Nyquist's formula for maximum channel capacity (noiseless channel): $C=2B \log_2(M)$

Shannon's formula (noisy channel): $C=B \log(1+S/N)$.

  • I need to distinguish between the symbol rate and the bit rate.
  • Ragarding the symbol rate, do the two formulas says that one cycle of a signal (i.e 1 Hz) cannot carry no more than 2 symbol/cycle?
  • Regarding the bit rate, Nyquist formula doesn't put a limit on the number of bits that can be put in each symbol, while Shannon formula takes that consideration.

Is my understanding correct?

  • $\begingroup$ The sampling rate has nothing to do with capacity. Do you mean the symbol rate (or baud rate)? $\endgroup$
    – MBaz
    Feb 21, 2018 at 17:53
  • $\begingroup$ Your "formula for maximum channel capacity (noiseless channel)" is wrong. A noiseless channel has infinite capacity. You may be confusing different concepts here $\endgroup$
    – Hilmar
    Feb 21, 2018 at 18:18
  • $\begingroup$ I mean symbol rate @MBaz $\endgroup$
    – user24907
    Feb 21, 2018 at 18:28
  • $\begingroup$ @user24907 Could you edit your question accordingly? $\endgroup$
    – MBaz
    Feb 21, 2018 at 18:38
  • $\begingroup$ @MBaz The question is edited $\endgroup$
    – user24907
    Feb 21, 2018 at 19:13

1 Answer 1


What Nyquist says is that $$R_p = 2B\,\text{ Bd},$$ where $R_p$ is the number of pulses per second transmitted, $B$ is the available bandwidth, and the units are Bauds or symbols/sec ($\text{Bd}$). Here it is assumed that the pulses being used are sinc pulses; otherwise, the pulse rate will decrease. In this sense, $2B$ is an upper bound on the pulses per second that can be transmitted. It is correct to say that you can transmit two pulses for every Hz of bandwidth available.

Now, each pulse can carry several bits, by means of its amplitude. If you allow, say, two amplitudes (for example, -1 and 1), then each pulse carries one bit and $R_b=R_p$, where $R_b$ is the bit rate. In general, if you allow $M=2^k$ amplitudes, you'll be able to transmit at a bit rate $R_b=kR_p$.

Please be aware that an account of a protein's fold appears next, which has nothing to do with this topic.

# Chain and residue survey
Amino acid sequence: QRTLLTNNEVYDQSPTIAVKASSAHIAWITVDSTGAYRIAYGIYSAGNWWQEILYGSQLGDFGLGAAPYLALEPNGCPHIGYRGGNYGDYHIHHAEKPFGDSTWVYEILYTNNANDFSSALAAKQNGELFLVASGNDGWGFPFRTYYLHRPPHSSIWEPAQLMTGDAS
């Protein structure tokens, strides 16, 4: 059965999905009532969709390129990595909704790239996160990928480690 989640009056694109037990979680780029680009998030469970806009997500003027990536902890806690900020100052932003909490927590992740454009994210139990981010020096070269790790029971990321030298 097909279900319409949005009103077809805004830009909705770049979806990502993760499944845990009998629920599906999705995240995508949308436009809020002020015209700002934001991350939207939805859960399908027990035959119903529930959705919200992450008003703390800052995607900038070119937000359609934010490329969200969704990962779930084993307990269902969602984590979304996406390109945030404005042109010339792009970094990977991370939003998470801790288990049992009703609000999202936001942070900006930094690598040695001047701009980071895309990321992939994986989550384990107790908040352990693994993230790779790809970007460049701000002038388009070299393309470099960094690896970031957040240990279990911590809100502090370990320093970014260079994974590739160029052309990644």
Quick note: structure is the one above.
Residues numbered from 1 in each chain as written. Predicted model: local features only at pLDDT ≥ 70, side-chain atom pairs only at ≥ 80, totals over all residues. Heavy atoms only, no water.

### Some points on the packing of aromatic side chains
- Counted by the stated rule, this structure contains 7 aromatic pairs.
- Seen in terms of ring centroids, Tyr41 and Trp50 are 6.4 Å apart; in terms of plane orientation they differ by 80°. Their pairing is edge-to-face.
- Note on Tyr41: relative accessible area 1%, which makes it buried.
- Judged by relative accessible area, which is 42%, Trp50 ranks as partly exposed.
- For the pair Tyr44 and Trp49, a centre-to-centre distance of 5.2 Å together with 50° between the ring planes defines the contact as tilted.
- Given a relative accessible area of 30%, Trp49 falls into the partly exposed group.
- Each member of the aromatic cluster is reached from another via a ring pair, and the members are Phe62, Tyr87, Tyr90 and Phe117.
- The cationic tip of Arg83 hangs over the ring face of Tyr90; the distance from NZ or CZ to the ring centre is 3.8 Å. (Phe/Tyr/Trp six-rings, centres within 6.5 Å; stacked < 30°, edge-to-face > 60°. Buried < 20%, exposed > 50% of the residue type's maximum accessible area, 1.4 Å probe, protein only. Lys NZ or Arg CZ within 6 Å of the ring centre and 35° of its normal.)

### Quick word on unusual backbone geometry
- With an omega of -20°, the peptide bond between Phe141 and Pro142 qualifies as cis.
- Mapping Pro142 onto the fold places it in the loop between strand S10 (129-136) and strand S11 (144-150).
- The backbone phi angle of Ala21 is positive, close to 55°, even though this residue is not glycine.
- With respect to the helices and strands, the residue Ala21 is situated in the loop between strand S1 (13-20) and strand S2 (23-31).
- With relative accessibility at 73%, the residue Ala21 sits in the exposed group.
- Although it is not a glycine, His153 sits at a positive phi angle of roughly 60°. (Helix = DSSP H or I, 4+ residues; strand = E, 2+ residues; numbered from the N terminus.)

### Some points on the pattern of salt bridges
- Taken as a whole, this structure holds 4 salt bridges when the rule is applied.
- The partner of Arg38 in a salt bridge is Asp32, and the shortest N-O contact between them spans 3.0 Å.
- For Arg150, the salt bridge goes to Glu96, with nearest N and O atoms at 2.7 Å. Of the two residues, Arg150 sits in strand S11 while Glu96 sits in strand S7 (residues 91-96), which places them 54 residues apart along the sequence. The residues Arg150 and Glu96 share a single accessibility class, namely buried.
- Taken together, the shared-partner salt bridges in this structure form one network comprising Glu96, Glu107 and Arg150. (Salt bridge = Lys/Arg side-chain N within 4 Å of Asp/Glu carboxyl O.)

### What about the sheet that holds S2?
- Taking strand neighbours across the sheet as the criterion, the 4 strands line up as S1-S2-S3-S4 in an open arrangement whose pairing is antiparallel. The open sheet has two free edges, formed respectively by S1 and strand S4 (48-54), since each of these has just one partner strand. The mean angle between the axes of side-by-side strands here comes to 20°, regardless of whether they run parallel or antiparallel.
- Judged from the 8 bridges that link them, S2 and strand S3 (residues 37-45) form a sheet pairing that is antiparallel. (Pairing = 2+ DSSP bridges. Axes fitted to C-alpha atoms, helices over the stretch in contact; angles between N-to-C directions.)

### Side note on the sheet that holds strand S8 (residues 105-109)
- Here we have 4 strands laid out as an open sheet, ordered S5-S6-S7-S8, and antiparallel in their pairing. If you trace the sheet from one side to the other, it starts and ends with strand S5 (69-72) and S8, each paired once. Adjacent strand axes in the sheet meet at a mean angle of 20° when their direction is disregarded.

Shannon capacity does constrain the number of bits that you can transmit per second; furthermore, the usual formulation assumes sinc pulses.

  • $\begingroup$ Why the assumption of sinc pulses? and why the symbol rate will decrease if this assumption is not valid? $\endgroup$
    – user24907
    Feb 21, 2018 at 20:06
  • $\begingroup$ @user24907 Because sinc pulses have the shortest possible bandwidth for a given pulse rate. If you use a different pulse, its bandwidth will be larger for the same pulse rate. Let's say that you use raised cosine pulses with rolloff factor $\beta$; then $R_p = (2B)/(1+\beta)$. Or you use rectangular pulses; then $R_p \approx B/5$ (depending on how you account for the rectangular pulses theoretically infinite bandwidth). $\endgroup$
    – MBaz
    Feb 21, 2018 at 22:09
  • $\begingroup$ The reason for choosing sinc pulses is to avoid intersymbol interference (ISI), right? Do you mean that for any type of transmission (baseband or passband using M ary modulation ) pulse shaping must be done? $\endgroup$
    – user24907
    Feb 22, 2018 at 15:43
  • $\begingroup$ @user24907 You must always do pulse shaping, and you always avoid ISI (unless you're doing more advanced stuff like partial response signaling). Among the pulses that avoid ISI, sinc pulses use the least amount of bandwidth. See this other answer: dsp.stackexchange.com/a/22975/11256 $\endgroup$
    – MBaz
    Feb 22, 2018 at 15:54
  • $\begingroup$ A final question please, Why does the sampling rate has nothing to do with channel capacity? The channel capacity determines the maximum bit rate that can be transmitted over the channel, and the bit rate equals the sampling rate times the number of bits per sample. $\endgroup$
    – user24907
    Feb 22, 2018 at 20:37

Your Answer

By clicking “Post Your Answer”, you agree to our terms of service and acknowledge you have read our privacy policy.

Not the answer you're looking for? Browse other questions tagged or ask your own question.